A Forestry Startup?
When we first told people we were co-founding a technology startup targeting forestry the most common reaction was scepticism and doubt. It’s true to say that, in some quarters, the entire sector has been written off. So many of the stories we hear about forestry are bad news, no wonder most people think it’s a dying industry.
The truth is that forestry actually contributes over a billion dollars of economic activity in our home province of Nova Scotia alone — every year. There is a lot of value being created in forestry. Why then does it appear so dysfunctional?
While there are many issues at the root of the dysfunction in the forest industry, the fragmented nature of our landbase is one of the biggest challenges.
Although we are surrounded by an incredible forest resource; rich in its diversity of tree types, plant communities, structures and habitats; it is really complicated to make the right choice of where, when, and how much timber can be cut sustainably. This isn’t a new problem, and there are many good solutions out there such as Remsoft when you directly control a large enough landbase to feed your mill through freehold or public land licenses.
The issue in regions like Nova Scotia is that most of the land is actually privately owned. A mosaic of approximately 30,000 individual parcels — each woodlot representing an individual owner, a family with their own story, values, and objectives. In this context, managing the resource sustainably isn’t just sorting through the natural diversity; it also requires you to figure out how to work within an immensely complex social fabric.
In the past, the complexity somewhat took care of itself. People lived in the same communities, mills were local businesses, and every winter farmers would set out to cut firewood and timber that would get delivered right to the mill gate. Local scale and interpersonal relationships made the complexity manageable.
Today, those relationships are changing dramatically. We are in the midst of a massive demographic shift. People don’t live on the land anymore, and even if they do stay in rural communities, they are commuting to bigger towns for work.
As a consequence, the localized relationships that used to make forestry work are disappearing and landowners no longer know whom they can trust to work on the family woodlot. Not knowing what to do, it becomes easier to do nothing.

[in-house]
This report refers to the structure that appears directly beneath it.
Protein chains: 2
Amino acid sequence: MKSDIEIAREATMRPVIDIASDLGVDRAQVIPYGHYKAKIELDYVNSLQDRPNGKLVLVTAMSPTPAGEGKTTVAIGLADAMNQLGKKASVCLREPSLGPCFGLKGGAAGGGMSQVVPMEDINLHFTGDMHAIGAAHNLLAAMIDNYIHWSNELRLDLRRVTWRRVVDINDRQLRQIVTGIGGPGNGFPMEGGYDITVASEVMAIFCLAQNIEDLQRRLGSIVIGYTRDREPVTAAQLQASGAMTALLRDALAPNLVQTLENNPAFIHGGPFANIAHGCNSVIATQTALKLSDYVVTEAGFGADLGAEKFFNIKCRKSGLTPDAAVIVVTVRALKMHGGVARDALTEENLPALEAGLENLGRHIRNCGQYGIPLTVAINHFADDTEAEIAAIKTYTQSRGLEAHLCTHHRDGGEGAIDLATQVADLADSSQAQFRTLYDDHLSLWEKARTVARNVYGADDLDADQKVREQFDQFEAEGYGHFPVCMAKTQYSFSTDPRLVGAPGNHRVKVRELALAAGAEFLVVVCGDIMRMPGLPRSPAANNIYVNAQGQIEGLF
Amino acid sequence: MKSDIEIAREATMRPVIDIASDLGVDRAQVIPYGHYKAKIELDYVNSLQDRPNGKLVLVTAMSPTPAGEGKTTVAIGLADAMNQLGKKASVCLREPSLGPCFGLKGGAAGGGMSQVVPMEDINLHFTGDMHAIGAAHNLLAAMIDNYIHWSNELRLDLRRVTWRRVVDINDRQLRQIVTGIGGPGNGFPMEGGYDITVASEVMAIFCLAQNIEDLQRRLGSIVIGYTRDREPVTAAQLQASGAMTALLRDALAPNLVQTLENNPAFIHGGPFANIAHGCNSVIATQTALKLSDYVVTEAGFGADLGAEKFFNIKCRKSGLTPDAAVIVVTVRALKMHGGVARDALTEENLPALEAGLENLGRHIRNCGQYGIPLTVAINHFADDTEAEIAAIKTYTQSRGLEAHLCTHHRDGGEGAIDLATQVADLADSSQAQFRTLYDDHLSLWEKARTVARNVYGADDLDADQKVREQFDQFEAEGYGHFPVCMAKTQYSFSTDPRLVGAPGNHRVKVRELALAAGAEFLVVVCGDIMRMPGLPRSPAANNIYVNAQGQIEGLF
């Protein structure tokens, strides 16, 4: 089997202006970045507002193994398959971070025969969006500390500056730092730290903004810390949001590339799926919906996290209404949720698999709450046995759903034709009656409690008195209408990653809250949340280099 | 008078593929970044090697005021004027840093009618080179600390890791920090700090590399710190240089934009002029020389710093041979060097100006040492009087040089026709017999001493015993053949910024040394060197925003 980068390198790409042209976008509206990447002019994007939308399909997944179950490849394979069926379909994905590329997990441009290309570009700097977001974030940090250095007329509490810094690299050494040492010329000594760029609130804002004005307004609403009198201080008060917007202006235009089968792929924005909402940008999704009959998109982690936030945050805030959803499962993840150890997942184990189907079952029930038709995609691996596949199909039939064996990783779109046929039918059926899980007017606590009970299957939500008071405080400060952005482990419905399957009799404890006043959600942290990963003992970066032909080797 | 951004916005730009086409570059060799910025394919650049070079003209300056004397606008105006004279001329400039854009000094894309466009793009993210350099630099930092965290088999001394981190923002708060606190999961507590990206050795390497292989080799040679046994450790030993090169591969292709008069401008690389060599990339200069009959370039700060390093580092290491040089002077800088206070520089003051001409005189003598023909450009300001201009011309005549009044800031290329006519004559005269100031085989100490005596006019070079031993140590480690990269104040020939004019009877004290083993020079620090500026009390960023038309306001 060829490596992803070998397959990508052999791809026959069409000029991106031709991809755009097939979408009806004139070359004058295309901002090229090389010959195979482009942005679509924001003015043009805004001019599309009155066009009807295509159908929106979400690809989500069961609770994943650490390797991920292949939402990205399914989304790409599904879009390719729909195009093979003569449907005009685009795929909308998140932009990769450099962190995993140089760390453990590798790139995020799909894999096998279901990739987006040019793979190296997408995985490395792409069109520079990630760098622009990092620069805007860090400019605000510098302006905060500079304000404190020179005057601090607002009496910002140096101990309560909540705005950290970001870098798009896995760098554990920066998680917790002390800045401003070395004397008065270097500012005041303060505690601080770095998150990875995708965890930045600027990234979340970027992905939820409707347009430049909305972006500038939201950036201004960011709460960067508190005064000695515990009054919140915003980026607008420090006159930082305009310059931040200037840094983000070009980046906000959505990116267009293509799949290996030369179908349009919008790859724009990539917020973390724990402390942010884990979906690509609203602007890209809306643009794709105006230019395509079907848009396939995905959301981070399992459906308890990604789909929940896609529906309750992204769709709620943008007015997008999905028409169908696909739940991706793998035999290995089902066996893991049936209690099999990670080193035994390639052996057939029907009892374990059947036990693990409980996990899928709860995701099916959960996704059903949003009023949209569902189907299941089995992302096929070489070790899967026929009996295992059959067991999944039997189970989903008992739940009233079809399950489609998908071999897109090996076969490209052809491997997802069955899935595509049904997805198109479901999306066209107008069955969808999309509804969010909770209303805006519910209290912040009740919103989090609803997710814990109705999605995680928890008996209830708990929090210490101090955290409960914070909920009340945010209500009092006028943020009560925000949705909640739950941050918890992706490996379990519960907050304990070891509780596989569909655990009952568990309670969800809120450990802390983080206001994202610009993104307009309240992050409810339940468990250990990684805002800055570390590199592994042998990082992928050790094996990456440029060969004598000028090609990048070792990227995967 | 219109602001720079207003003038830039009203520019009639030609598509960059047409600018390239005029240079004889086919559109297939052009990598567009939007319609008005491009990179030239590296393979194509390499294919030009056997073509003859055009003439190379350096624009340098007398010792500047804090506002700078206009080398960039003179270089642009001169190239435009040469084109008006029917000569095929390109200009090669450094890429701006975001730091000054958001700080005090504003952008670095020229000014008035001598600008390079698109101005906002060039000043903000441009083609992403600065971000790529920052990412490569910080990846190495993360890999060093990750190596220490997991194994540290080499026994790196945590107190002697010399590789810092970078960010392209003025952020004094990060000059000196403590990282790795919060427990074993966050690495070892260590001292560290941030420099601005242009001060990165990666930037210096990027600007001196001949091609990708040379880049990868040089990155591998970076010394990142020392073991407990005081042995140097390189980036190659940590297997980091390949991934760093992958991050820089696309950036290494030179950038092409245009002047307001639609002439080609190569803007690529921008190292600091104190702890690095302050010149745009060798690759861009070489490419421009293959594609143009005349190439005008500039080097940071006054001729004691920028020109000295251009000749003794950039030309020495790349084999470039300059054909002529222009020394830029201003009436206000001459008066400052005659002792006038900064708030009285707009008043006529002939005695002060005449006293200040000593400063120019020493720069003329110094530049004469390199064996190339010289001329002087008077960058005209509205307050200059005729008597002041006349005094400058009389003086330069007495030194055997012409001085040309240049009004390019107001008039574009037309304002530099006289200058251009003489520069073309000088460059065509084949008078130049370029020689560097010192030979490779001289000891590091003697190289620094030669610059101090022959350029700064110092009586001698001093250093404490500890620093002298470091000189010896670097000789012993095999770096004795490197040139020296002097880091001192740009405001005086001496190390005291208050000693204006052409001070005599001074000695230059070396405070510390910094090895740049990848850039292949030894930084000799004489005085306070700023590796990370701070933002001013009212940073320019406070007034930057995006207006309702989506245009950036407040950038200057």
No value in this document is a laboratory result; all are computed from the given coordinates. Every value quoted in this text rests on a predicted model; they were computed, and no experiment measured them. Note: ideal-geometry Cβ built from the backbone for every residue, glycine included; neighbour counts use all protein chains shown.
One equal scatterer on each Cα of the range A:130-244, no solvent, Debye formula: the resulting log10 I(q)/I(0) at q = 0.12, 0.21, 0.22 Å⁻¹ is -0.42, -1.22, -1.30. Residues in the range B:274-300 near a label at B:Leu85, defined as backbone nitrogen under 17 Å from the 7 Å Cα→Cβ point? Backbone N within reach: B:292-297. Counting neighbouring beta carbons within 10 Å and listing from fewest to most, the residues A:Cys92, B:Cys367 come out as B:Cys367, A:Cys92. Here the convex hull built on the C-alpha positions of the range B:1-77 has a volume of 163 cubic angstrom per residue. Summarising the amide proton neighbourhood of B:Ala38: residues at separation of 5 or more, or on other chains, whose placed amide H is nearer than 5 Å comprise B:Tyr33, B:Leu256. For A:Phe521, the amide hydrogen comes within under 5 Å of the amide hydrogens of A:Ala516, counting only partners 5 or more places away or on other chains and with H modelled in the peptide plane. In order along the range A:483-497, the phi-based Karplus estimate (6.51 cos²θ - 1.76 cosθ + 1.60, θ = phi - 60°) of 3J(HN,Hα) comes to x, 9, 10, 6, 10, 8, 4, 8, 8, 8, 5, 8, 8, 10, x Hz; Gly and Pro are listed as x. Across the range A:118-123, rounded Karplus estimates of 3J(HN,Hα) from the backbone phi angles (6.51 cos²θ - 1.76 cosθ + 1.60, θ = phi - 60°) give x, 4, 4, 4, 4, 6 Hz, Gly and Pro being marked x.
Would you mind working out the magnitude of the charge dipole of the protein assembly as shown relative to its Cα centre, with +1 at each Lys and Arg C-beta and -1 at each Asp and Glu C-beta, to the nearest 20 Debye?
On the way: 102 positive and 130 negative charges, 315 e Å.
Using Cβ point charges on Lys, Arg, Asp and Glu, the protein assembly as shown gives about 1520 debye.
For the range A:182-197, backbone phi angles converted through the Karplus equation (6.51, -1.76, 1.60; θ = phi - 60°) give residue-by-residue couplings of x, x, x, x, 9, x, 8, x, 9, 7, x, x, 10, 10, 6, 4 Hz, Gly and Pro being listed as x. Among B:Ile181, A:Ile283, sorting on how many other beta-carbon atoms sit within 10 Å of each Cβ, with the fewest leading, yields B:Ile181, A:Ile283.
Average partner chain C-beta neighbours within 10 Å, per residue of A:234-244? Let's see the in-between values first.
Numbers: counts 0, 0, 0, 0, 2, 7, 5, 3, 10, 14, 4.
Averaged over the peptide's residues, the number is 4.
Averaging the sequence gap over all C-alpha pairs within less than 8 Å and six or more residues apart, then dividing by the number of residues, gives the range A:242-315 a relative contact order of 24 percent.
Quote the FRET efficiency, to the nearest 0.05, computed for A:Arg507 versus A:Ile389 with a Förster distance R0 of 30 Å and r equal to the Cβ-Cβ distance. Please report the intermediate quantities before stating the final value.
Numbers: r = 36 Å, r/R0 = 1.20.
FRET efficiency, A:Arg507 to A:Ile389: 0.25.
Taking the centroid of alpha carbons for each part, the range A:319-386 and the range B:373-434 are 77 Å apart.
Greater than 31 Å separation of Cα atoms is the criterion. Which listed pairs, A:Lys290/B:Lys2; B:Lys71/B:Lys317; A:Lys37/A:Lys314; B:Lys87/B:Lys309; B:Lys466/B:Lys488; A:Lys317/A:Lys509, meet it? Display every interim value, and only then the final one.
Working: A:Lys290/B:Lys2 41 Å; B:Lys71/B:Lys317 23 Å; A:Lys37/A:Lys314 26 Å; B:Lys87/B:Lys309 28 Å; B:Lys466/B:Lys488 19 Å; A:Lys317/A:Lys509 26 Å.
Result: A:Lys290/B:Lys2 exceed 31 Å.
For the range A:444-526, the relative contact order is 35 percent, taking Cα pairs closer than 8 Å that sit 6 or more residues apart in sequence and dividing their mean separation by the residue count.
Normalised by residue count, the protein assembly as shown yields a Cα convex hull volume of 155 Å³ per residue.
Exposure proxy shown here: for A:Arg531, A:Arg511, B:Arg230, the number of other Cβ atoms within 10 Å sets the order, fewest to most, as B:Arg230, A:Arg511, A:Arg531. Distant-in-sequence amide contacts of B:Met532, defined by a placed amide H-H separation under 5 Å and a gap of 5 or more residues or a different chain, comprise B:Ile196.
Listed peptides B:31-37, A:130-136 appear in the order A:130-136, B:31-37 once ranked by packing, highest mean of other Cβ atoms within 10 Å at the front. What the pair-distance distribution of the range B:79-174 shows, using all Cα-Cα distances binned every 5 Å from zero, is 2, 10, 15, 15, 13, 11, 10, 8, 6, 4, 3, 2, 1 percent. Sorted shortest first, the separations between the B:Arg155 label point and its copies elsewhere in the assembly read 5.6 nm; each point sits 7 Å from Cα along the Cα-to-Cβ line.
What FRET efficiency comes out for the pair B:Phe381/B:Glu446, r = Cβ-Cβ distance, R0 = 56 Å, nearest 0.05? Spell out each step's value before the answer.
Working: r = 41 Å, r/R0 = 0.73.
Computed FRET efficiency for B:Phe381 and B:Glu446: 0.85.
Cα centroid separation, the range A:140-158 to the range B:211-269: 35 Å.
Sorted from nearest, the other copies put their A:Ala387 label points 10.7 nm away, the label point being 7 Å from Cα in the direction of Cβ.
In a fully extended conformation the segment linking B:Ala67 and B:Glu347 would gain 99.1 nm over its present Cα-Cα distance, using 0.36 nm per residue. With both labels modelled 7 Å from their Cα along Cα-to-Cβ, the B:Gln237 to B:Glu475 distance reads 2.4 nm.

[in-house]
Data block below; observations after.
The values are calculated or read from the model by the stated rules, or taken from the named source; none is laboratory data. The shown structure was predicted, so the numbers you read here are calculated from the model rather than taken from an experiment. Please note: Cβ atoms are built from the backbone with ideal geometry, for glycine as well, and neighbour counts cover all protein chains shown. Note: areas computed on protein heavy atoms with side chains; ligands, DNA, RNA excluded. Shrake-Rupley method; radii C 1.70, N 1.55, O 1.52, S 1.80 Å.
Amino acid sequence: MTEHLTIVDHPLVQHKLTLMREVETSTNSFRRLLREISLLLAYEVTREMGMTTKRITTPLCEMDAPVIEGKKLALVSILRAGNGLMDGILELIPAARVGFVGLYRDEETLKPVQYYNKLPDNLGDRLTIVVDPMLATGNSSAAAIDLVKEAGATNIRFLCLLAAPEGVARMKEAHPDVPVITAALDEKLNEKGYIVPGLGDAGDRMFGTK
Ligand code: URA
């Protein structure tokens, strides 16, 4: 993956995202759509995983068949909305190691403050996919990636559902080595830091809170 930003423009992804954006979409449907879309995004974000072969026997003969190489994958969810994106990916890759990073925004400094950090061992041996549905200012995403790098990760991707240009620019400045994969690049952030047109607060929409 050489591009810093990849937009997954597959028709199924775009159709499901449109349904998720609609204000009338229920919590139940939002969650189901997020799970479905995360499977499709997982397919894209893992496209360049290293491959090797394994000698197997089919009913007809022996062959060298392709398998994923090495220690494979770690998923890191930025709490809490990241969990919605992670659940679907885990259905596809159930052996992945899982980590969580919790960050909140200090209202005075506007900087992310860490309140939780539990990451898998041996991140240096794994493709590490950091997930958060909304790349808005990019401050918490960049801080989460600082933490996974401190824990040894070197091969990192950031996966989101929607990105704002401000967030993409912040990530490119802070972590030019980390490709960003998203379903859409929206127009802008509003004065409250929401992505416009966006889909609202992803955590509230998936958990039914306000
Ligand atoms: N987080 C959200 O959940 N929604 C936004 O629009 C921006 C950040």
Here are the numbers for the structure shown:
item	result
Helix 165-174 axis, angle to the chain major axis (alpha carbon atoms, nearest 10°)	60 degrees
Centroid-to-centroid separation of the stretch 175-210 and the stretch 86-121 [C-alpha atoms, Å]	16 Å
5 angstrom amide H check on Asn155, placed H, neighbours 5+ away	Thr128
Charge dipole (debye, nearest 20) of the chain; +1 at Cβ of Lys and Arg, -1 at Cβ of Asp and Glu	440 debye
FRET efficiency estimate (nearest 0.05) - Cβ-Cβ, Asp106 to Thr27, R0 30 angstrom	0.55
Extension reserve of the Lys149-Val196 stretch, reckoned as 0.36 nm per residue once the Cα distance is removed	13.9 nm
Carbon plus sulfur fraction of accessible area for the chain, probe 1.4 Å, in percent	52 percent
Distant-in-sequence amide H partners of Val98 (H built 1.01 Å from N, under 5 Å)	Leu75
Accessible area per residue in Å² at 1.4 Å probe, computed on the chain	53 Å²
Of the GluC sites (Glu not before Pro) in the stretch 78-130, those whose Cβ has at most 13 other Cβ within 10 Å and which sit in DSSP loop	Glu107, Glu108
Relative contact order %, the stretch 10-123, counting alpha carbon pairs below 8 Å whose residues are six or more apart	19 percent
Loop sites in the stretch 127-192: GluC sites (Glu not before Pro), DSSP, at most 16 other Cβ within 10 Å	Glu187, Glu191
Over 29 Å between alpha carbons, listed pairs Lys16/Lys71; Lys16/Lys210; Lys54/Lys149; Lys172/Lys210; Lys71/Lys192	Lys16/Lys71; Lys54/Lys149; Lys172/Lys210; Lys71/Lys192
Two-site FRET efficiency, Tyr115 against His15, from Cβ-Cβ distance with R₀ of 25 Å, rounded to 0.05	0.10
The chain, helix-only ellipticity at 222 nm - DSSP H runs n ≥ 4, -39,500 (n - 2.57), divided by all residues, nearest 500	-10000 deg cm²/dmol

Meanwhile, the mills are much bigger and need to find enough wood to keep the machines rolling. The pressure for a mill to keep up and be efficient amidst global commodity prices is immense. As private land gets more and more difficult to navigate, the rational behaviour for a mill is to just cut as much as possible when they do find a property to work on. Mills feel like they have to do this — it’s not uncommon for them to be unsure where next week’s supply for the business is coming from. Running out of wood means laying people off and having millions of dollars of equipment sitting idle, burning a big hole in your pocket each hour the mill is down. Keeping things running is today’s problem and they actually can’t worry too much about what those clearcuts might do to wood supply 20 plus years from now.
Into this fray, enters WoodsCamp. Where localized interpersonal relationships are disappearing, new forms of community are emerging through social networks. Rather than relationships being a product of place, they’re now driven by shared interests. The WoodsCamp platform applies the social insight from these new communities along with technical analysis of the forest to deliver an actionable resource that aligns with the values of individual landowners.
It’s still a remarkably complex environment to work in, so WoodsCamp is also building tools to make it easier for loggers and mills to track and manage their supply chain across a more distributed network. By combining an actionable timber inventory and tools that create better efficiencies in managing supply, mills can secure a predictable supply at lower marginal cost.
While WoodsCamp is still in its early days, the platform is already being used by customers to unlock trapped value for landowners, provide affordable tools for forest professionals, and deliver a predictable wood supply to mills at lower marginal cost.
If you are a woodlot owner wanting to unlock value without destroying your forest, or you are forest professional committed to delivering awesome work but desperate for better tools, know that what was once thought impossible has now been made possible. Check it out for yourself at WoodsCamp.com